Shill Moor

Lint Lands & Shill Moor

Walk Summary

A fine walk in and above the upper Breamish valley visiting the top of High Cantle, Lint Land's and Shill Moor.

Distance: 12 miles
Total ascent: 2450ft
Walk Rating: ****
Parking: Roadside, Hartside
Route: Download Route [GPX]

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Walk Report

The previous summer I'd visited the lovely Breamish Valley for the first time when I climbed Dunmoor Hill and Hedgehope Hill. However, I'd hardly set foot in the valley at all. This second visit had two main aims, firstly to explore more of the actual valley and secondly to bag two more Deweys, Lint Lands and Shill Moor.

Parking up at Hartside where the public road in the valley ends the walk started with a nice easy stroll down into the little hamlet of Linhope. Initially taking the track towards Linhope Spout I soon left it on a bridleway climbing up to the hillside beyond Ritto Hill.

"The top of Lint Lands is very flat and unmarked so I spent a bit of time tramping around in the heather until I was satisfied that I must have stood on or at least very near the highest point."

The bridleway soon petered out but by continuing on to a fence running east-west I came across a track which took me through a gate and then on to my first objective, the cairn marked as Rig Cairn on the map. It is worth noting that the bridleway as shown on the map doesn't exist as such on the ground, this can be clearly seen by the fact that the actual path is nowhere near as straight and also passes right next to Rig Cairn.

By this time the early morning sunshine had disappeared and the low cloud clinging to the top of The Cheviot and Hedgehope Hill was looking quite ominous, it was also quite windy though thankfully nothing at all like it had been on Newton Tors four days previously. From Rig Cairn I continued on along the path towards High Cantle. All along this stretch I enjoyed good views of Shill Moor and Cushat Law to the south and Great Standrop to the north.

Nearing the top of High Cantle I briefly left the bridleway to make my way up to the summit cairn which proved to be a fine place and which provided me with my first proper view of Lint Lands, the first of the two Deweys on the walk. The flat-topped Lint Lands, partly covererd in plantations had looked rather unpromising on the map so I was pleasantly surprised at how shapely it looked from High Cantle.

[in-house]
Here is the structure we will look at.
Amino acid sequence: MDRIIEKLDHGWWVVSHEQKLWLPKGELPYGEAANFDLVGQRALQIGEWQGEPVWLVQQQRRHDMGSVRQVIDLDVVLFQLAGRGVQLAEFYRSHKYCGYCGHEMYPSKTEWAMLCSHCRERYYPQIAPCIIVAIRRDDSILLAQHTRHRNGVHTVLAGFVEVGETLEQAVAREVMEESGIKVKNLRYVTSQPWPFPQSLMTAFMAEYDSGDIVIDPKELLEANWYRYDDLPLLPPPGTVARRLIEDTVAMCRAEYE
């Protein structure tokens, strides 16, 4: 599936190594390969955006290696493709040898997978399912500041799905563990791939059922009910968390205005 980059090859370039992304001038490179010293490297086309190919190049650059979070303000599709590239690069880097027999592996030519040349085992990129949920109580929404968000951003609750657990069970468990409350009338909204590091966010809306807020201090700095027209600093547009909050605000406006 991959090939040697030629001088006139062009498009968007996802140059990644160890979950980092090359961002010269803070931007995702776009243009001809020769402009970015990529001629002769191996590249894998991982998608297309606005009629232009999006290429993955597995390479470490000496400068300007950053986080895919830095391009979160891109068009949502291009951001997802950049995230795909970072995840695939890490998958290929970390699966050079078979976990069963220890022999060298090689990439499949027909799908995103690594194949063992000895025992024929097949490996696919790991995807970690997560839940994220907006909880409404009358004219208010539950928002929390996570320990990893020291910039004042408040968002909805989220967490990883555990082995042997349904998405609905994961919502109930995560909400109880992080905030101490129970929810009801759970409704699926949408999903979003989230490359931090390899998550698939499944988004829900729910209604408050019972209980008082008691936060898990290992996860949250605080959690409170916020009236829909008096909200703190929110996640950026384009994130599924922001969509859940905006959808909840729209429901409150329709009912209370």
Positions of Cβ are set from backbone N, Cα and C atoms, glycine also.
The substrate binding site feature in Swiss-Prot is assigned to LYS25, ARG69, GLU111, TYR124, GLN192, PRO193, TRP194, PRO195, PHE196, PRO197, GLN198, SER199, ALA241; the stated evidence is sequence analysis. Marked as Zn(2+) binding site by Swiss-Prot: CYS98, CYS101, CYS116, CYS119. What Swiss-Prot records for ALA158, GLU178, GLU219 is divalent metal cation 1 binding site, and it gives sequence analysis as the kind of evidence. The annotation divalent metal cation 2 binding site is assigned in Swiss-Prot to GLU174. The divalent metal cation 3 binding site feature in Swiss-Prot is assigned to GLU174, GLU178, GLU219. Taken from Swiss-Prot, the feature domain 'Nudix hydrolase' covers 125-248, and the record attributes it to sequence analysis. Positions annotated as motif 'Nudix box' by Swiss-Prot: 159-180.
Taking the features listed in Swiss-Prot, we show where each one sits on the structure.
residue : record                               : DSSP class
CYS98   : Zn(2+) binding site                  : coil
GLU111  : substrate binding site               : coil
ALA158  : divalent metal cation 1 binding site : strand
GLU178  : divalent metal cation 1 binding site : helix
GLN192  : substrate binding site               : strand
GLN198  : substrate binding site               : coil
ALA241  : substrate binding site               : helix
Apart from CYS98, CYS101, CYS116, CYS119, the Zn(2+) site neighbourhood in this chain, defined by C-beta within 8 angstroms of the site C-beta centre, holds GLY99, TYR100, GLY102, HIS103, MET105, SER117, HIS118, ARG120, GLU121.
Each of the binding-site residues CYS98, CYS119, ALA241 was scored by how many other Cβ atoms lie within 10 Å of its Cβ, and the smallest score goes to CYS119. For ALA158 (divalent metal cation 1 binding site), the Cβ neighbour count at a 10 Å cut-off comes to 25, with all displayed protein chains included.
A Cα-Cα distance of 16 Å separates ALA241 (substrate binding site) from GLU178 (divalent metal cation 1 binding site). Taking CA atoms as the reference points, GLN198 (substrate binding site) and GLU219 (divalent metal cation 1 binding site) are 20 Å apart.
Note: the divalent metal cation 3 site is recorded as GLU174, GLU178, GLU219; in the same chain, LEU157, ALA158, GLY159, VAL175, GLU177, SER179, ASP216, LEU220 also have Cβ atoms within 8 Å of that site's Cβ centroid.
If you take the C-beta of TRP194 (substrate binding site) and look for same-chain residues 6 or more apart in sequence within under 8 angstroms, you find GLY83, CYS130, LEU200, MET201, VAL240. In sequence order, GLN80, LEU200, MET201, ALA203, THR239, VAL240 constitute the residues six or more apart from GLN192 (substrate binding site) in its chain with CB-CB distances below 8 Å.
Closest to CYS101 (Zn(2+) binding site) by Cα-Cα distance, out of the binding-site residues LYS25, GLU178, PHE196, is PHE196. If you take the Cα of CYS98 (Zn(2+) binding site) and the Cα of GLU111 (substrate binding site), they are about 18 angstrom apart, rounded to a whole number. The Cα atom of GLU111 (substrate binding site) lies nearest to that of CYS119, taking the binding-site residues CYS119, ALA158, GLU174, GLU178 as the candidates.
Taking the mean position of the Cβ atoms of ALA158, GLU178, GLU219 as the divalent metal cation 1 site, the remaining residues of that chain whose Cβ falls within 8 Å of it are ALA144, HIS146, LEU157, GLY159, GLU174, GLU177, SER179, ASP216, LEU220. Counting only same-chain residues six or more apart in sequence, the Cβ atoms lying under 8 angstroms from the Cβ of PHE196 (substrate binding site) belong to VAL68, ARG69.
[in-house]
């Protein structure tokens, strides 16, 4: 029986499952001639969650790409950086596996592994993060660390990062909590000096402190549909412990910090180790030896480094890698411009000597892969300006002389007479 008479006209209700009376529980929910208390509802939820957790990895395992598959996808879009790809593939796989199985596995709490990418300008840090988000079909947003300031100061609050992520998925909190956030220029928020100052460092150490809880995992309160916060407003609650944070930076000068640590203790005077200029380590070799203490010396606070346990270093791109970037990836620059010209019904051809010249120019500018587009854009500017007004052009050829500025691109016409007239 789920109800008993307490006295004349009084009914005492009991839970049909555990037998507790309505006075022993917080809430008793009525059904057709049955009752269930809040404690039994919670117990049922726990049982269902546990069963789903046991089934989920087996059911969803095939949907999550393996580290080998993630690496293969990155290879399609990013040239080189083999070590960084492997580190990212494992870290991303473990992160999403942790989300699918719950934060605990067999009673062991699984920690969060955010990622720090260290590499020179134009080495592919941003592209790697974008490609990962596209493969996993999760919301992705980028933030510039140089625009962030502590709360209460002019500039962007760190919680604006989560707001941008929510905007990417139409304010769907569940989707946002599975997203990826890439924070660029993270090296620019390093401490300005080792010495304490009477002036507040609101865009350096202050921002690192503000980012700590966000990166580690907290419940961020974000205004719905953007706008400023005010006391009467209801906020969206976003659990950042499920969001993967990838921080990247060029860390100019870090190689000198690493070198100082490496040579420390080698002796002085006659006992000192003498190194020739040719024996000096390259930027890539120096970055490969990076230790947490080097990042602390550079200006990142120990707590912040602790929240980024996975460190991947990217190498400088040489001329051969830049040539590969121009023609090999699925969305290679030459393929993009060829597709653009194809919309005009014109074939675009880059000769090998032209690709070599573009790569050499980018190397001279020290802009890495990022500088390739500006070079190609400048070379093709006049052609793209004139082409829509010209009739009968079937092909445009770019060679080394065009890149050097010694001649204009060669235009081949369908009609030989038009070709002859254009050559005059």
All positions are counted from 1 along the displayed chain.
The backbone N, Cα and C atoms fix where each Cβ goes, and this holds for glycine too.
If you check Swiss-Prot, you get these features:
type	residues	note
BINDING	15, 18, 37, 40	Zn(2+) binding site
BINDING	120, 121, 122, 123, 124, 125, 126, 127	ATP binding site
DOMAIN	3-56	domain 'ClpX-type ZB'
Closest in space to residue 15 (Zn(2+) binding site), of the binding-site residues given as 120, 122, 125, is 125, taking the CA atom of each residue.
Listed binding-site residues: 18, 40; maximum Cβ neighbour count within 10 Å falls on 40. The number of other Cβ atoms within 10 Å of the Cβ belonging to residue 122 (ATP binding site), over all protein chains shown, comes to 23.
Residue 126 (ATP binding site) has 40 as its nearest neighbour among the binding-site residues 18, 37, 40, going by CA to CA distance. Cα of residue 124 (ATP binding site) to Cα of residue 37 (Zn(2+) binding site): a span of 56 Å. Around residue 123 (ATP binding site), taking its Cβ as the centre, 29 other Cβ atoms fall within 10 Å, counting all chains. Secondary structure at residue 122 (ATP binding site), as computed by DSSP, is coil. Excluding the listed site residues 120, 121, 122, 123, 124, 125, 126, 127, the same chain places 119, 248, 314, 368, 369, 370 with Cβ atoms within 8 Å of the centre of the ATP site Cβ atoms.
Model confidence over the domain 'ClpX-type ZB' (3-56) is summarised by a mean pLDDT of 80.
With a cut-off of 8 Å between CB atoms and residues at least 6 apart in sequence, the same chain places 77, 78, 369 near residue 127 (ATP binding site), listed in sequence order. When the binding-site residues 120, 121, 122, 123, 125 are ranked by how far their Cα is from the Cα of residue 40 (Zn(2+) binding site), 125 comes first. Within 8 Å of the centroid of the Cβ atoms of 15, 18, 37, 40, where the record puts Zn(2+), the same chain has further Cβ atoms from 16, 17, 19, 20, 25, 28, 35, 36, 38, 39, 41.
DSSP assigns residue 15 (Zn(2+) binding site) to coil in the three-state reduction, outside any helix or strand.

Having dropped down from High Cantle it was time to press on to Lint Lands. For most of the way I was able to make use of the wide track marked on the map as 'Salter's Road', presumably one of the old saltways which was used for transporting the valuable commodity of salt from one part of the country to another. At the broad saddle between Lint Lands and Bloodybush Edge I left the track to head north along a fence up on to the top of Lint Lands.

The top of Lint Lands is very flat and unmarked so I spent a bit of time tramping around in the heather until I was satisfied that I must have stood on or at least very near the highest point. My original plan had been to return to the Salter's Road and retrace my steps back in to the Breamish Valley. However, on my way down High Cantle I'd noticed what looked to be a clear path descending alongside the fence on Broad Shin. To reach this I struck out across the initially pathless moor to a couple of prominent wooden grouse butts from where I picked up the path and commenced a lovely descent with the upper Breamish Valley spread out below me. At this point the cloud also began to break up and for the rest of the walk I enjoyed some good spells of sunshine.

Back down in the valley I basically followed the Salter's Road east past the remote farmsteads of High Bleakhope and Low Bleakhope before climbing up to the saddle between Shill Moor and Cushat Law. The views back down along the valley were superb and this was a particularly fine stretch of the walk. At the saddle I left the track to follow a fence on my left all the way up to the waiting summit of Shill Moor. Adorned by a cairn, trig point and shelter all in close proximity it was a fine place with extensive views of the surrounding Cheviot hills as well as east towards the Northumbrian coast.

From the summit I dropped down to find a path that descended beautifully to meet the access road to Low Bleakhope. The highlight of the descent were the views of the foothills further down the valley towards Ingram. Once on the access road it was then an easy stride down to the farm at Alnhammoor and then up on to the public road at Hartside where I'd parked the car.

This was another cracking walk in the Cheviot hills and one I'd strongly recommend. The Lint Lands 'loop' is not particularly necessary except to Dewey baggers but even then it does have its own rewards with the views of the upper Breamish Valley on the descent of Broad Shin.

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